When asked if working hard is very important to them, 80% of Americans said yes. Yet when that same sample was asked if they were working hard at their jobs, the vast majority (84%) said no.
That makes no sense. We want to work hard, but don’t. Where’s the disconnect?
It turns out, that the corporate culture and management style makes a word of a difference. As they say at my internship, culture eats strategy for breakfast. You can set quotas and crack the whip all day, but if your employees hate you, no good work will get done.
I’ve had the unique vantage point of working for two different companies in entirely different industries.
At one, small milestones are celebrated. The employees are given the tools and resources they need to succeed and the company takes care to match work with skill sets so that the days are satisfying and the quality is top-notch.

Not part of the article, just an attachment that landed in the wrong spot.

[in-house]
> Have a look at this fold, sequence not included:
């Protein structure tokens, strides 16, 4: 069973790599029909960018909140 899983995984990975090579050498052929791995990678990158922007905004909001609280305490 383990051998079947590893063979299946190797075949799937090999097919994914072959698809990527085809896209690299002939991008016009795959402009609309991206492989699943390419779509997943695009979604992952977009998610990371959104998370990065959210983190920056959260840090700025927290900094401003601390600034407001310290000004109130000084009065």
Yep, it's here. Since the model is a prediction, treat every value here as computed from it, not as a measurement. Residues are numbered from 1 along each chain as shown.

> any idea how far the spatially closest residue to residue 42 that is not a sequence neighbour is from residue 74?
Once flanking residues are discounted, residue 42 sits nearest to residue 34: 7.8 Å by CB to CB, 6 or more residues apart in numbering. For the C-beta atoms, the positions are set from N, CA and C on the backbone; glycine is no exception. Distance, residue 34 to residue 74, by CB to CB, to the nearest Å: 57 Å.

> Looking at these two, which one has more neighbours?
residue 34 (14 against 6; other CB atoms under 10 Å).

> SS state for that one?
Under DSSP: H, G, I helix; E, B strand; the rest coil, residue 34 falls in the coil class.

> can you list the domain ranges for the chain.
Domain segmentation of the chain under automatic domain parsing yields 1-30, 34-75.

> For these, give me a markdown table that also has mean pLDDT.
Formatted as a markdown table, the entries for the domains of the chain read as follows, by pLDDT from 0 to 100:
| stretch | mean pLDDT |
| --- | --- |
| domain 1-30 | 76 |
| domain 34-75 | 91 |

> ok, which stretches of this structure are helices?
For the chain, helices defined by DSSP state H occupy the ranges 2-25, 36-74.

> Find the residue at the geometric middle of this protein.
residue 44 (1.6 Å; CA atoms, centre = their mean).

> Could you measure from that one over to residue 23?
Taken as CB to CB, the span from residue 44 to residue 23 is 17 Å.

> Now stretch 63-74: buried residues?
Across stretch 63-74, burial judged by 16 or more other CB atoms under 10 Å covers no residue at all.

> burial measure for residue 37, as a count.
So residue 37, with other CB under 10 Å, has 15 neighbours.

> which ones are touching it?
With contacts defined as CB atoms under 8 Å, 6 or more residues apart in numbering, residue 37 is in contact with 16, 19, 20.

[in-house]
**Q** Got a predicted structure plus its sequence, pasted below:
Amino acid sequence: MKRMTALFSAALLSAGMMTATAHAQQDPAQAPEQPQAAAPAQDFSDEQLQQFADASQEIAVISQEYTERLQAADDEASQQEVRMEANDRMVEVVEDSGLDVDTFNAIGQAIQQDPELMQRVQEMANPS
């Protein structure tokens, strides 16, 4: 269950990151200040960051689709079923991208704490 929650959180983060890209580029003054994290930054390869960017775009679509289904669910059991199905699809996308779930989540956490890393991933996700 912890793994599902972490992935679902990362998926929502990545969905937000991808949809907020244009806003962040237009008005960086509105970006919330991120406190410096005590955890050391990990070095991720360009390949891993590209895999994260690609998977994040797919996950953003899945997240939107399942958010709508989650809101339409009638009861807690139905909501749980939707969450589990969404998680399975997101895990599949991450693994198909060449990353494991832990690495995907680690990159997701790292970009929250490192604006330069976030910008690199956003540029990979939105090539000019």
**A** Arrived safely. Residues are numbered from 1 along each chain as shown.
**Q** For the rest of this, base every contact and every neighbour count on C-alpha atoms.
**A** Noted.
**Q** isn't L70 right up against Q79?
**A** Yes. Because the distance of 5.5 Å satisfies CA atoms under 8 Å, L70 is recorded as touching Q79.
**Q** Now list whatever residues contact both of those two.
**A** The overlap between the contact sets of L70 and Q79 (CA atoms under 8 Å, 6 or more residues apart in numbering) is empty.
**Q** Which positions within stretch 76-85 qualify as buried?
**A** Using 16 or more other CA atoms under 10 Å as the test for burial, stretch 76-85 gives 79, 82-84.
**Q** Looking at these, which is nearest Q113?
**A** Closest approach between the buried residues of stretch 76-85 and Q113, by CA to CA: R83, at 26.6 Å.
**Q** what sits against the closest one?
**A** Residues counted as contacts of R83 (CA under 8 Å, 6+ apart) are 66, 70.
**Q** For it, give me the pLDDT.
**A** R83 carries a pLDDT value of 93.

The other refuses to believe that Employee Relationship Management (ERM) is just as important as the more well-known acrononym CRM (Customer Relationship Management). They are under-staffed and refuse to break out the checkbook to ensure that there are enough employees so they can work where they are best suited. The employees leave frustrated and company loyalty is tied directly to a bi-monthly paycheck and very little else.
As I start this absurd adventure of starting my own company, these are lessons I never want to forget.